Published 27 January 2006
ING Property Trust’s $1.25/unit bid for Calan Healthcare Properties Trust puts a new perspective on the value of the management of listed property entities.
After Kiwi Income Property Trust began its bid for Capital Properties (NZ) Ltd at the end of 2004, Capital put its internal management operation on the market and also talked up the value of the contract as a component of the share price.
Kiwi went to court and Capital withdrew the management rights from the market. Subsequently, the unlisted AMP Property Portfolio Investments Ltd has acquired majority control of Capital, but hasn’t yet reached the trigger point for compulsory acquisition.
Capital & Trans Tasman Properties Ltd were the only New Zealand listed property entities with internal management structures. Capital’s chief executive, Chris Gudgeon, reckoned last September the difference between the company’s $1.9 million cost of internal management and what an external management company was likely to take out was $4.9 million â€“ a total $6.8 million, 260% higher.
Capital’s chairman at the time, Colin Beyer, said the company could have netted $35-40 million from sale of the management rights â€“ in the region of 7.5-9% of portfolio value before a major revaluation, 6.5-7.5% after.
Nobody has mentioned the management contract so far in the ING bid for Calan, but there is one. All the trust’s directors are actually on the board of Calan Healthcare Properties Ltd, owned by directors Martin Lyttelton & Brian Freestone, in partnership with former executive Chris Donahoe on one side, and Richard Ord on the other.
On the Capital Properties basis, the Calan management contract would be worth 8-11c (6.5-9% of $1.20/unit asset backing) â€“ but, unlike at Capital, this time not to unitholders. That’s the value Calan’s managers have at stake as ING bypasses them and attacks the register.
It’s a value which would ultimately be transferred to ING (NZ) & Symphony Group, as joint owners of the ING trust’s manager, if the ING trust completed a takeover of Calan units.
Success for ING in its takeover bid would make it the first occasion the manager of a listed entity has been thrust aside in an ownership & management transfer
That exercise could have numerous consequences for the management rights industry â€“ on value and on structuring a document to fight off control or establish value if it’s going to head out of your domain anyway.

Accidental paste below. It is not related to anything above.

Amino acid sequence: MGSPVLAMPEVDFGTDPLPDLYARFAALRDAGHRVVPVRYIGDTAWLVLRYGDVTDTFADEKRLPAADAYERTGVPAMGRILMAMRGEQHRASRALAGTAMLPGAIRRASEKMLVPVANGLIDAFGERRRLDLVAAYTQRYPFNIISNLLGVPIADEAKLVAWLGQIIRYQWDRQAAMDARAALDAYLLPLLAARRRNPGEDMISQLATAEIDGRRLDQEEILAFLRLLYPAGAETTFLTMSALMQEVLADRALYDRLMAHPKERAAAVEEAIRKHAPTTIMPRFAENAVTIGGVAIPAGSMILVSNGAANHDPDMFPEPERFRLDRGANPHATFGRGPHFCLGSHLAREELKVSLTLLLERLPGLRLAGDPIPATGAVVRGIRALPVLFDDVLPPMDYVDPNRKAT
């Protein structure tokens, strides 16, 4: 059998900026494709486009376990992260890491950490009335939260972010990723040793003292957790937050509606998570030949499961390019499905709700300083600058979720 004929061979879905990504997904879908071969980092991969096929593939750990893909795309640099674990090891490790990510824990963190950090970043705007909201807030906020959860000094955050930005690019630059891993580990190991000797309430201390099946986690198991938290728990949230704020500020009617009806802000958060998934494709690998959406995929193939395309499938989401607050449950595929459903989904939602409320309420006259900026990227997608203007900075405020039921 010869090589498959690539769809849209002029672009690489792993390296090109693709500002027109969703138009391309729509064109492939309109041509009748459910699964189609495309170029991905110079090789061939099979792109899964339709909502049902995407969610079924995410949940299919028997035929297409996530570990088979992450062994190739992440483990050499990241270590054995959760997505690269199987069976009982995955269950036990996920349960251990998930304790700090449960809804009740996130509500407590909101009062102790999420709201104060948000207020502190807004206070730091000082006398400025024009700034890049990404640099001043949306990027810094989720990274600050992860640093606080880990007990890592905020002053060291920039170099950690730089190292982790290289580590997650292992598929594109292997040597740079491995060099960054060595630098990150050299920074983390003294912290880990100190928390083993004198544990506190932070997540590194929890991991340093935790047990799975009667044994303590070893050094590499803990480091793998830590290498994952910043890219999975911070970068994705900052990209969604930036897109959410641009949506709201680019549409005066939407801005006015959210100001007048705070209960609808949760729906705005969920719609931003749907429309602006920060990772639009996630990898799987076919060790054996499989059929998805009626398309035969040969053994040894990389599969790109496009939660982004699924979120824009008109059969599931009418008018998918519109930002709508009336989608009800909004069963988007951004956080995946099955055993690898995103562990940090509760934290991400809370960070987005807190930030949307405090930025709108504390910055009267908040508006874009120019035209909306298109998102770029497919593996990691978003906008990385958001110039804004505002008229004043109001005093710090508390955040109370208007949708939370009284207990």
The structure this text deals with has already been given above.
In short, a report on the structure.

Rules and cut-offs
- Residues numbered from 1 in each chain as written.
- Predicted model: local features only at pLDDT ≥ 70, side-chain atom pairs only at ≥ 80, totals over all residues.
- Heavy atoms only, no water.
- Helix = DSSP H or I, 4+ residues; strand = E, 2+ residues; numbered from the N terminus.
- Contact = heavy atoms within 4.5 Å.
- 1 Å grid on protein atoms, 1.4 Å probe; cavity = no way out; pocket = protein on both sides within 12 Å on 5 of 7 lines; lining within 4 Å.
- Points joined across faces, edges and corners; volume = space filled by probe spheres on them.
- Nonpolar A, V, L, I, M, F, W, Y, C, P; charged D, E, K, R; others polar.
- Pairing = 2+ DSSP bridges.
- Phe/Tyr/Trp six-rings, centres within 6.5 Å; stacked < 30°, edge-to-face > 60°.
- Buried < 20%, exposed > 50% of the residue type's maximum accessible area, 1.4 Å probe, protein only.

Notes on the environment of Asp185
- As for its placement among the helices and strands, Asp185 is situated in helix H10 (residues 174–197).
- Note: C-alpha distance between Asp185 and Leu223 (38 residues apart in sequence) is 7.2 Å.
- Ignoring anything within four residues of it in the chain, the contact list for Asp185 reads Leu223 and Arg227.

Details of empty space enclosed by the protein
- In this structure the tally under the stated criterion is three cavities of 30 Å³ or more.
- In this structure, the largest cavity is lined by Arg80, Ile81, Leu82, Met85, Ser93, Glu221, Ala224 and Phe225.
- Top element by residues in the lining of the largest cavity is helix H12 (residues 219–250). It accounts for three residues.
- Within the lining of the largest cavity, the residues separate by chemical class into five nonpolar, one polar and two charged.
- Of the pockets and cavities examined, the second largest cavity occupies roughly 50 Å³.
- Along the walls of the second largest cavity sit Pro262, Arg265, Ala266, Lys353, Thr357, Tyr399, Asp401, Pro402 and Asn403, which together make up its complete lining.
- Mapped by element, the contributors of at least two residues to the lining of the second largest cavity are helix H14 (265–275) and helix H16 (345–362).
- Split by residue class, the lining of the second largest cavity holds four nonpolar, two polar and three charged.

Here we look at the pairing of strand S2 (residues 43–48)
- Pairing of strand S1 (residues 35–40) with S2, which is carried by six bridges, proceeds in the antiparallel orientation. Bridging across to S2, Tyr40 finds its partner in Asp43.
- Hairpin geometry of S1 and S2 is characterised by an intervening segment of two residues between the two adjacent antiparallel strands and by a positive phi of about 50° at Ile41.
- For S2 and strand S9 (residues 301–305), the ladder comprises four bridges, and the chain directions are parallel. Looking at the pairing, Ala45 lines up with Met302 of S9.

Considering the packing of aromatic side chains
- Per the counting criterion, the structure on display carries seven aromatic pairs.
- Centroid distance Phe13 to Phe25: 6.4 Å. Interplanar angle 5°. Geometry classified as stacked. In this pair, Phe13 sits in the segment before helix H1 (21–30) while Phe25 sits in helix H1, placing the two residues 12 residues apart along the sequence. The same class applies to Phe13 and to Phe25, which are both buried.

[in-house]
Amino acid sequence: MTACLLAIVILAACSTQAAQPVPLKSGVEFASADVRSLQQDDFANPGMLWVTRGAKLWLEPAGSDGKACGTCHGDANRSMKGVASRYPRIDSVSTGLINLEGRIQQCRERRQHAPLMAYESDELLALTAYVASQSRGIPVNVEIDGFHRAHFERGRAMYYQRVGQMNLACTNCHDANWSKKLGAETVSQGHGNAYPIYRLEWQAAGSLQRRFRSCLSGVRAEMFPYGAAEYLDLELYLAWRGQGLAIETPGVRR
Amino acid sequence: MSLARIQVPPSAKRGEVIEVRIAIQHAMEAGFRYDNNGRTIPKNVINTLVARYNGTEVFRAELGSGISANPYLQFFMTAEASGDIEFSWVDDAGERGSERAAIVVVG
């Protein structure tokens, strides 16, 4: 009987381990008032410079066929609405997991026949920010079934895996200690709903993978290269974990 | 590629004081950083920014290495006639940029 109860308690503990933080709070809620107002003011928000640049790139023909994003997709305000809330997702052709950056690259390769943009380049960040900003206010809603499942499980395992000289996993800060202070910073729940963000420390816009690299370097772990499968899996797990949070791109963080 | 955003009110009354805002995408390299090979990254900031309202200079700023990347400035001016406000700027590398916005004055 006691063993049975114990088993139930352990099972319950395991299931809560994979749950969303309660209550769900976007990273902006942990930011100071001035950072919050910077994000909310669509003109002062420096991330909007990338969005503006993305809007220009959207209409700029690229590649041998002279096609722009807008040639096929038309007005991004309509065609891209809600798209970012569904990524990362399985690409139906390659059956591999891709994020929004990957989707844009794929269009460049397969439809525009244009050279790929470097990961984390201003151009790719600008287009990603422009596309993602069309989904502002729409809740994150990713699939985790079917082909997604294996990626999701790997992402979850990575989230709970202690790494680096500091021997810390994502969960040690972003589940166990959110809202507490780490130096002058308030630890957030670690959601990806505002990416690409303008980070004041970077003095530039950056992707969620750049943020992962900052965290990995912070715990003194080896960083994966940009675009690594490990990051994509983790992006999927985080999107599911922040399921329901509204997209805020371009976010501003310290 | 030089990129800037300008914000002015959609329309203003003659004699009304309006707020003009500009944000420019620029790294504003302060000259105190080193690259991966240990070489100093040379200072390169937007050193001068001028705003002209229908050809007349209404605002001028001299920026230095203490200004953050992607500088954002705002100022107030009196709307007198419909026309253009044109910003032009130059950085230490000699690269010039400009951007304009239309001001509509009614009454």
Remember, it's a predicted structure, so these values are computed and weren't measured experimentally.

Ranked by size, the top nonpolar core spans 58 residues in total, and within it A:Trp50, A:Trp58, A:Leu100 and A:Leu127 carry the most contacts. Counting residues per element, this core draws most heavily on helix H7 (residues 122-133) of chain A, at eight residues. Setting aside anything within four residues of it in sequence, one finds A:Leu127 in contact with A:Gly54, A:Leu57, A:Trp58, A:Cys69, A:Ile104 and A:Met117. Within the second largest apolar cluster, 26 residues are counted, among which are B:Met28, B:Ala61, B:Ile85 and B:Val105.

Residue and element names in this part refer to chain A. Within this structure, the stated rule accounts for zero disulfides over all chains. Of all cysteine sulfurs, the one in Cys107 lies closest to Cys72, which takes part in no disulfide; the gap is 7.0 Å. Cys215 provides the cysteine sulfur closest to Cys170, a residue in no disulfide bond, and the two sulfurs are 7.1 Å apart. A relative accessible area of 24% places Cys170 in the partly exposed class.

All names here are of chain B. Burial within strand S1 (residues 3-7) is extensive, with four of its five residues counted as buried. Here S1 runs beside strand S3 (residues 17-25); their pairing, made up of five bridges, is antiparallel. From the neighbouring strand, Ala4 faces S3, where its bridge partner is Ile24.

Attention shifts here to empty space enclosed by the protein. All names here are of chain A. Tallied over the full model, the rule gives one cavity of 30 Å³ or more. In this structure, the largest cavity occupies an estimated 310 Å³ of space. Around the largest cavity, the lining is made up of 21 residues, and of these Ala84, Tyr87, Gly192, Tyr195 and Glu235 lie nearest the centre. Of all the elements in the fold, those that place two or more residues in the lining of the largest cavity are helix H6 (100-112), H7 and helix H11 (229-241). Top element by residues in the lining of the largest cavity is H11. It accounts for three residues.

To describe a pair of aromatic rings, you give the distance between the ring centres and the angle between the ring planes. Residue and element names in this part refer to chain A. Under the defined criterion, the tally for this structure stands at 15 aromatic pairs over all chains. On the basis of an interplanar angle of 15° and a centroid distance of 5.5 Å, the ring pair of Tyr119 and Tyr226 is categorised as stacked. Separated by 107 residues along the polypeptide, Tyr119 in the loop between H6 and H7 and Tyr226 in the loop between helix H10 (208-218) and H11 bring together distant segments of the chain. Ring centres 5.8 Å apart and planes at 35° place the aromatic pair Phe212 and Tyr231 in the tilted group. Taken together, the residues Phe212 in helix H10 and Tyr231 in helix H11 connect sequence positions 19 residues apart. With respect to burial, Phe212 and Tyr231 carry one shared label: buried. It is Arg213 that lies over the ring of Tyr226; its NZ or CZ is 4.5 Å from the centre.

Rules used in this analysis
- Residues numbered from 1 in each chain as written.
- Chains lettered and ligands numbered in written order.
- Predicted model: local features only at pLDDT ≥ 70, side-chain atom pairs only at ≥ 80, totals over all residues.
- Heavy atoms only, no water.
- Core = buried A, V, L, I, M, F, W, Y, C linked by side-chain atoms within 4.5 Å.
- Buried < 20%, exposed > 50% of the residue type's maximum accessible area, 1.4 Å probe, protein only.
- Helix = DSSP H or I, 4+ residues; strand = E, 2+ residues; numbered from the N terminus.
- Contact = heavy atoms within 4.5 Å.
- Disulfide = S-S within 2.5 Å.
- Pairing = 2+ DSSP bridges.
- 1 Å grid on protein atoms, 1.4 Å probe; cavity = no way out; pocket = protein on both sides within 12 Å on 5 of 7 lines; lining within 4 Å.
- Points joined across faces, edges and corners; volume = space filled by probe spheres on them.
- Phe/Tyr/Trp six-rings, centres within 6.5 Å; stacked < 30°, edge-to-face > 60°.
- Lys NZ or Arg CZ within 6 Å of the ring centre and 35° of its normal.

ING offered to buy 9.7% of Calan, to add to the 10.3% held as funds under management by ING (NZ) Ltd. After discovering an overseas ING entity had been negotiating for several months on one Calan asset, which Calan hasn’t said but which I presume is its Melbourne hospital, that ING entity has walked from its negotiations and the ING trust relaunched its bid yesterday, getting 1% of its target 9.7%. In the initial afternoon’s play it had picked up 3%.
Calan’s board has appointed Macquarie NZ Ltd as financial advisor and Bell Gully as the trust’s legal advisor and if, following the stand in the market, a written offer is made for all the remaining units, an independent appraisal report will be commissioned.
You could argue that unitholders should have their own representative outside the Calan management company, and their own advisors because of potential conflicts with the position of the management company in a full takeover.
That might be far-fetched, but the possibility of conflict between the management company’s & unitholders interests exists in this unusual takeover scenario.
26 January 2006: ING seeks 20% of Calan as precursor to full bid
21 September 2005: Capital Properties blunt about cost of external management
4 April 2005: Portfolio premium the next Capital aim
26 November 2004: Capital Properties puts management rights on the block
Attribution: Company statements, talking to typewriter, story written by Bob Dey for this website.